Reblogged from The Writing Life
“Do one thing every day that scares you.”
― Eleanor Roosevelt
I’ve read this quotation in a number of places and many different contexts. It is a solid action step for every writer.
Why? Because from my experience, fear can prevent us from taking action and moving forward with our writing. Will anyone want to read what I’m writing? Will it sell? Can I find a publisher or literary agent? Is my writing good enough to publish in a magazine or book? The questions in our minds can appear endless.
While I’ve published a great volume of material over the years, if I’m honest, I have a number of fears that I face each day. The key from my perspective is are you taking action with your writing in spite of those fears. I have my ideas and pitches rejected and don’t hit the mark—yet I continue pitching my ideas and looking for opportunities.
Years ago as a new writer, I was at a conference sitting around with several more experienced and published authors. It was late at night and I was learning a great deal from these new friends. One author who had published a number of books mentioned how every time he begins a new project he had huge doubts and fears in his mind. He wondered if he could do it and if the book would succeed. In the same breath where he mentioned these fears, he explained that he pushed ahead and beyond the fear to write the book. It’s the key distinction between those who want to write and those who actually write: they push ahead and take action in spite of the negative thoughts and fears.
Possibly today your manuscript or book proposal is getting rejection letters from agents or editors. From my experience, you have not found the right place for your book when you get rejected. It means you have to keep looking for that right connection or champion. When the rejection arrives (even if that rejection is through no response), you face a critical choice. You can either take action and seek another opportunity or you can quit and not respond. Many authors will send out their material one or two times, get rejected and figure no one wants to work with them and publish their submission. Their writing fears have stalled them into no action.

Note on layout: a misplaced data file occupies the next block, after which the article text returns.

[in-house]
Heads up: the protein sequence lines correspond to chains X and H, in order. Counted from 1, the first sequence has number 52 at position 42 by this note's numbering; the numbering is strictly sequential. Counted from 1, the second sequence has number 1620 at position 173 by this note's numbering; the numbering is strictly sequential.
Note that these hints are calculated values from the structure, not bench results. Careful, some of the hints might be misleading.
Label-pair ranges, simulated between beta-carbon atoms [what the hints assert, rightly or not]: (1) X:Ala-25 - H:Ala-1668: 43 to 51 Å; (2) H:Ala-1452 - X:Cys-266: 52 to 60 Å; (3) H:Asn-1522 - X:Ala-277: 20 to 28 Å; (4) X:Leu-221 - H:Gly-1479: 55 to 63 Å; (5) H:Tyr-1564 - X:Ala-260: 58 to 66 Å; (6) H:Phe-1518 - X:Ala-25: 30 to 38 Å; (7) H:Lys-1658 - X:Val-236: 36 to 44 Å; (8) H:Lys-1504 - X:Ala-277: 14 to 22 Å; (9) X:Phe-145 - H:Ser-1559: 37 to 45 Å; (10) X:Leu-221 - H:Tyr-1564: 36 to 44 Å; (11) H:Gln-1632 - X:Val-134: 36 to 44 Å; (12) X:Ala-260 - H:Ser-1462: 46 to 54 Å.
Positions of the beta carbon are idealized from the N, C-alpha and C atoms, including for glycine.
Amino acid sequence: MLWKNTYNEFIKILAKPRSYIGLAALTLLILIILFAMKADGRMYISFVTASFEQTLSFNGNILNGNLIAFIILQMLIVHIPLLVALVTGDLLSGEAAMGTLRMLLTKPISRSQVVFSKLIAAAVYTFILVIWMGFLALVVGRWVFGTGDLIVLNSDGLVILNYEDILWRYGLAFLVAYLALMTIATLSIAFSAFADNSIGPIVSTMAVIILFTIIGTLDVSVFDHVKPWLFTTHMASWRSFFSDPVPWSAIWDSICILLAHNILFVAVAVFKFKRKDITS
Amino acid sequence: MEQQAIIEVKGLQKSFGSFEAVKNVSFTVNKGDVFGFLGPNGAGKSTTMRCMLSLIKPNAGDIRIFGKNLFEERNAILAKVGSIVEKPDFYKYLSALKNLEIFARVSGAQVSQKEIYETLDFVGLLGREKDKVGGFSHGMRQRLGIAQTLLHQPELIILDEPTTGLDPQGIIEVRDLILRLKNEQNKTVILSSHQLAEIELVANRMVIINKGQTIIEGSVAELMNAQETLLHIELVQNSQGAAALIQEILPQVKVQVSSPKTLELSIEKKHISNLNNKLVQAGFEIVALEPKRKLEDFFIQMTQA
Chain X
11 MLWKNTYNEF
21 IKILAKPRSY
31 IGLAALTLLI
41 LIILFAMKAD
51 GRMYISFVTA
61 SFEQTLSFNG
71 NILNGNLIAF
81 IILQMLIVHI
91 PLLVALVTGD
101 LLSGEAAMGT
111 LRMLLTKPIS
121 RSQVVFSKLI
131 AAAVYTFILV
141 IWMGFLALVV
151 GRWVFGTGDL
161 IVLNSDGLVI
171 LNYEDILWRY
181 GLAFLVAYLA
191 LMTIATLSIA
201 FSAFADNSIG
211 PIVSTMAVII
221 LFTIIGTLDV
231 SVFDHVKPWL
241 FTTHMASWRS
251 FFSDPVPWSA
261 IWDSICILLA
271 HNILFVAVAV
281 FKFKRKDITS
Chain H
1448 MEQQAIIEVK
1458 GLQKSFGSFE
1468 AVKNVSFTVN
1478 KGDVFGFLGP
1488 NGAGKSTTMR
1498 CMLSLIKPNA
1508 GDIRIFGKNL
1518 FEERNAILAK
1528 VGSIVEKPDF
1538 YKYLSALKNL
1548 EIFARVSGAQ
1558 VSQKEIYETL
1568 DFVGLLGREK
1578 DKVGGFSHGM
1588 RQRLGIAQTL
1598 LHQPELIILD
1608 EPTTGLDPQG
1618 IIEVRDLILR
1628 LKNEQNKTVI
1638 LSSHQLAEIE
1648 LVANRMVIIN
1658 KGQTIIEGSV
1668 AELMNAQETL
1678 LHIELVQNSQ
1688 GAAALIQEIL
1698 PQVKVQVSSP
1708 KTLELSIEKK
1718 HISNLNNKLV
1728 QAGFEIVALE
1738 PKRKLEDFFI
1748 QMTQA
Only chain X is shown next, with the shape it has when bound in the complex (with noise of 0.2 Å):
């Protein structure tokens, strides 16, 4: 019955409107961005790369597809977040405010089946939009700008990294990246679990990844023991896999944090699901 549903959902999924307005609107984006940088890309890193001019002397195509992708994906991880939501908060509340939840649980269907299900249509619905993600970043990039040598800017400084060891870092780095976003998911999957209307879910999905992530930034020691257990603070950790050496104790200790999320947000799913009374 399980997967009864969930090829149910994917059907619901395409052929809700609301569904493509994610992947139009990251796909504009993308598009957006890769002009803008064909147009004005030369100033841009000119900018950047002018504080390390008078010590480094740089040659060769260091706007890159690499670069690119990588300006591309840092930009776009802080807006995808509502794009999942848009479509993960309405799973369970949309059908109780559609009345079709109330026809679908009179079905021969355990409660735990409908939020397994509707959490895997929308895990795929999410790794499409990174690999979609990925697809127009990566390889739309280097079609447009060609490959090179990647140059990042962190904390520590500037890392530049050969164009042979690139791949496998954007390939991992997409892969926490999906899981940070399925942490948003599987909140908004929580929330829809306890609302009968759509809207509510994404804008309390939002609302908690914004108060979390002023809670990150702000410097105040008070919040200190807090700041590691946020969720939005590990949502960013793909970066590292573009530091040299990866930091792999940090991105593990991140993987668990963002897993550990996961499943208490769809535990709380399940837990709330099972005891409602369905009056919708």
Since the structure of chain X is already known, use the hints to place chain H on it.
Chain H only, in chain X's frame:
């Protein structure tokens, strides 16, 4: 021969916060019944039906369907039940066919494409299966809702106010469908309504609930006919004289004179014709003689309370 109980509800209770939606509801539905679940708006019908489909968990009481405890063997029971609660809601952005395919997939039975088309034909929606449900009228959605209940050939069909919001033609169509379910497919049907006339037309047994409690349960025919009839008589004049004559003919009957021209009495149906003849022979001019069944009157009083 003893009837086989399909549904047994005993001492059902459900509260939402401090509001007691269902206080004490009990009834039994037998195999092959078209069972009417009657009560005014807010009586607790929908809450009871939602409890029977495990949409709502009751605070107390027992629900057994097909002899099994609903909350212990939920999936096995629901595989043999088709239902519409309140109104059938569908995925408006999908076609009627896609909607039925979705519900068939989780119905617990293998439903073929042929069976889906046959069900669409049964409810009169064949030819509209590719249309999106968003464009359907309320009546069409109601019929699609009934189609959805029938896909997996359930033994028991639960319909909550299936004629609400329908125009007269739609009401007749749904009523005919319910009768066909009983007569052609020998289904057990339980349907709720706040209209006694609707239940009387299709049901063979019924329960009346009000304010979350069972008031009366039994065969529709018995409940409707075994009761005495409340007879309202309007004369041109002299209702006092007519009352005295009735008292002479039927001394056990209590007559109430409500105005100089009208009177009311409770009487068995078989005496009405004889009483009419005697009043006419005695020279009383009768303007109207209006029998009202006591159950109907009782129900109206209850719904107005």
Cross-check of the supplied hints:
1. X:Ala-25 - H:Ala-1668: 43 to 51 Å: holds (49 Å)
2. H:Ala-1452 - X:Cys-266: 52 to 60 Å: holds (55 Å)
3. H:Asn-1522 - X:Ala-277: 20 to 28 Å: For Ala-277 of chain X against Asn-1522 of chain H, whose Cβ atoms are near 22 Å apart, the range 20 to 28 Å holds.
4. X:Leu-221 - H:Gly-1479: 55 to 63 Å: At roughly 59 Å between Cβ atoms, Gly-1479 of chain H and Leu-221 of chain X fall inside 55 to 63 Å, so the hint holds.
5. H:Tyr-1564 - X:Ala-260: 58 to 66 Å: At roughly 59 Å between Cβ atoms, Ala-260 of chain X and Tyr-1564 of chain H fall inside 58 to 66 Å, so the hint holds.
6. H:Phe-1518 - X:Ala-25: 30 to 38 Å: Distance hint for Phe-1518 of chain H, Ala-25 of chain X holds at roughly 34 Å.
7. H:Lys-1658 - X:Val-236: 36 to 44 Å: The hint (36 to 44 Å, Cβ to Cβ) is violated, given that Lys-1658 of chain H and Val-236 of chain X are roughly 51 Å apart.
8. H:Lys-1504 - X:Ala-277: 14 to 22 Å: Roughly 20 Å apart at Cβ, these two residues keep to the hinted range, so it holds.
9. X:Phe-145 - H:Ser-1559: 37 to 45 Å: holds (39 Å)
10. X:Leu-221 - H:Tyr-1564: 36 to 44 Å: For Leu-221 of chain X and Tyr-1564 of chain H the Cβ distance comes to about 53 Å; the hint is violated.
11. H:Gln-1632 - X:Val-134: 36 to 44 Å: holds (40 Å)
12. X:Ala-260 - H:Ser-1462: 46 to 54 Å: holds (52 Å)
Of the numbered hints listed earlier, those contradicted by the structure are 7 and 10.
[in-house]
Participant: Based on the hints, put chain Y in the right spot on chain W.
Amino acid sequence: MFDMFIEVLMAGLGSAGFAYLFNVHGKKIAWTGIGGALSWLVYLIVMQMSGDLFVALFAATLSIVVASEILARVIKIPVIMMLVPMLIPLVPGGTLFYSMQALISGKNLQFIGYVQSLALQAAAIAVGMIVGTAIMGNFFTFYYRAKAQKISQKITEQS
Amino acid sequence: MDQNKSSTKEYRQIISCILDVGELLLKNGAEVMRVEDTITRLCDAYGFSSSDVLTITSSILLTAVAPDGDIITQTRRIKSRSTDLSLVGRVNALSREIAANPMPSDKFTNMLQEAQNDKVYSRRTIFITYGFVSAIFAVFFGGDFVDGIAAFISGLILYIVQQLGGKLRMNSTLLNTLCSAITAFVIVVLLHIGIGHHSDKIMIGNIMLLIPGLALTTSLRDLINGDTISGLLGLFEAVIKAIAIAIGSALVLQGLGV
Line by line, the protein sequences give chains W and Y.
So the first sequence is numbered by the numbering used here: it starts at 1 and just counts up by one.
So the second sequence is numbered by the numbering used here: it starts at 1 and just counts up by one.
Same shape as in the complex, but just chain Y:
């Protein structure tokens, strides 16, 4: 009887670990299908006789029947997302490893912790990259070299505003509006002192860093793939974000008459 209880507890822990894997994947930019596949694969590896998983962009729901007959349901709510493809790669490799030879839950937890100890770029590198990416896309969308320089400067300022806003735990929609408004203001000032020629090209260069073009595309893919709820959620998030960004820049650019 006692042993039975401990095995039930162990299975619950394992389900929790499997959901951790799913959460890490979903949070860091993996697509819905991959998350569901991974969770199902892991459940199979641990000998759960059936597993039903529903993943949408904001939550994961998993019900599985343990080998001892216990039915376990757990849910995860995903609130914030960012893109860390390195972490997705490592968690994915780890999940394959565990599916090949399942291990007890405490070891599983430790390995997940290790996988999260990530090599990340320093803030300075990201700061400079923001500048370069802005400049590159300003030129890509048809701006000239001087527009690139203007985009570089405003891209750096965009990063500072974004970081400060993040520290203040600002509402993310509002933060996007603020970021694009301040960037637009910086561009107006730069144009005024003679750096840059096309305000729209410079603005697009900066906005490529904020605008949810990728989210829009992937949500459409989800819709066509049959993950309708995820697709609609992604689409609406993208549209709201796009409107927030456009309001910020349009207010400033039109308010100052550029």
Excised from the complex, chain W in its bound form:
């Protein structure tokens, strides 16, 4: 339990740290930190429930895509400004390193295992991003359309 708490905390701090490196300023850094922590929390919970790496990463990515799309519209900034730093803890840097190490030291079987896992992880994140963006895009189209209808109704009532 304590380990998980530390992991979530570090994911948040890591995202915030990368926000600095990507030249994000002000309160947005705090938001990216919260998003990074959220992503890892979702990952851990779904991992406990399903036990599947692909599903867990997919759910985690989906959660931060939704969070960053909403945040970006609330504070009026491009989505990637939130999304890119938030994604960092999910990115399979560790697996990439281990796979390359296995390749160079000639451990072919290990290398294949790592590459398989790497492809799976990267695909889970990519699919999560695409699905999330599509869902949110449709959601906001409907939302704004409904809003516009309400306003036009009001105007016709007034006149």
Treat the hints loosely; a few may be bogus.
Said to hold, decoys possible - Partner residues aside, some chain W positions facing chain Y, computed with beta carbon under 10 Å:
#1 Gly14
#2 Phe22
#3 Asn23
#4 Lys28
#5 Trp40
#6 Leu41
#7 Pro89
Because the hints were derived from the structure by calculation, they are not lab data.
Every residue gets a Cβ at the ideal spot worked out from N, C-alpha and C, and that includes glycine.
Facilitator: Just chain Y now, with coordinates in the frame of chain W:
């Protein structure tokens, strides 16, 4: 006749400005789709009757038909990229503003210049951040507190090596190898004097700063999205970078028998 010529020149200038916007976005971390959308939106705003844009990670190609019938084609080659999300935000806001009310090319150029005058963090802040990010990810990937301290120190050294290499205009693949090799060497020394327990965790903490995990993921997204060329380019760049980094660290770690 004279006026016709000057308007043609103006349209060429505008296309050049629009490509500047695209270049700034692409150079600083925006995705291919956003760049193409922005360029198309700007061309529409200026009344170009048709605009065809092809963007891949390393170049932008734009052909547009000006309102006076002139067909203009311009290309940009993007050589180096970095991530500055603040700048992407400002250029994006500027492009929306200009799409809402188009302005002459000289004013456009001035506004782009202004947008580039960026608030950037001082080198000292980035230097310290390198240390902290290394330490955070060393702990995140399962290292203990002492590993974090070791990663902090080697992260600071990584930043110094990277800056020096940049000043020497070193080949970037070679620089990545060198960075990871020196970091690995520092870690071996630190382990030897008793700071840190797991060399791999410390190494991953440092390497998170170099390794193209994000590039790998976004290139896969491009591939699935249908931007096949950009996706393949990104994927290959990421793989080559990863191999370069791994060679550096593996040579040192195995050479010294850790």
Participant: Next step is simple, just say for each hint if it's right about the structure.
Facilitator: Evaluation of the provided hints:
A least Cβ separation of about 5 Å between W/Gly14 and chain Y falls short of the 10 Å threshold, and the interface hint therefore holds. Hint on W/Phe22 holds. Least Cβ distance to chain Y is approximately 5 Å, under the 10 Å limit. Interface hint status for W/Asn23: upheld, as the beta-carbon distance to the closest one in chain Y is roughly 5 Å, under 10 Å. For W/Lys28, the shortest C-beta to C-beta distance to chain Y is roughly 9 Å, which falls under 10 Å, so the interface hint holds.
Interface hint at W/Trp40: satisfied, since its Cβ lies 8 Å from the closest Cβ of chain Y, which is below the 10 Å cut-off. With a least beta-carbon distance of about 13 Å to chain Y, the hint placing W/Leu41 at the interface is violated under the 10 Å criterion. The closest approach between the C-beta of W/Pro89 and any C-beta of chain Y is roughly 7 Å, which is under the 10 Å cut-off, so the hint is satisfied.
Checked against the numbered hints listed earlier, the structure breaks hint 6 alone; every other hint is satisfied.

When you have writing fears, there are several things:
1. Everyone has these fears. Whether they admit them or not, you should understand it is part of the process.
2. The writers who get published, understand timing and the right connection are a critical part of the process. You have to be proactive to find the right connection with your material.
3. Rejection is a part of publishing. Everyone gets rejected—beginners and long-term professionals. The key is what do you do with the rejection. Do you quit or do you look for the next opportunity?
I believe the world is full of opportunity—yet as a writer you have to make the right connection and have to be facing your fears and continuing to move forward with your writing. One of the most published series of books in English is Chicken Soup for the Soul. What many people forget is Jack Canfield and Mark Victor Hansen were rejected on their proposed series 144 times. Now that is a lot of rejection. I’m sure they had fears to face, yet they continued moving forward. You can get some of their story in the foreword for Jumpstart Your Publishing Dreams. Just follow this link to download the foreword and free sample chapter (no opt-in and you can download immediately).
For your encouragement and inspiration, remember this saying. If you need to do so, I would write it out and put it over your computer and read it often:
It will not fly, if you don’t try.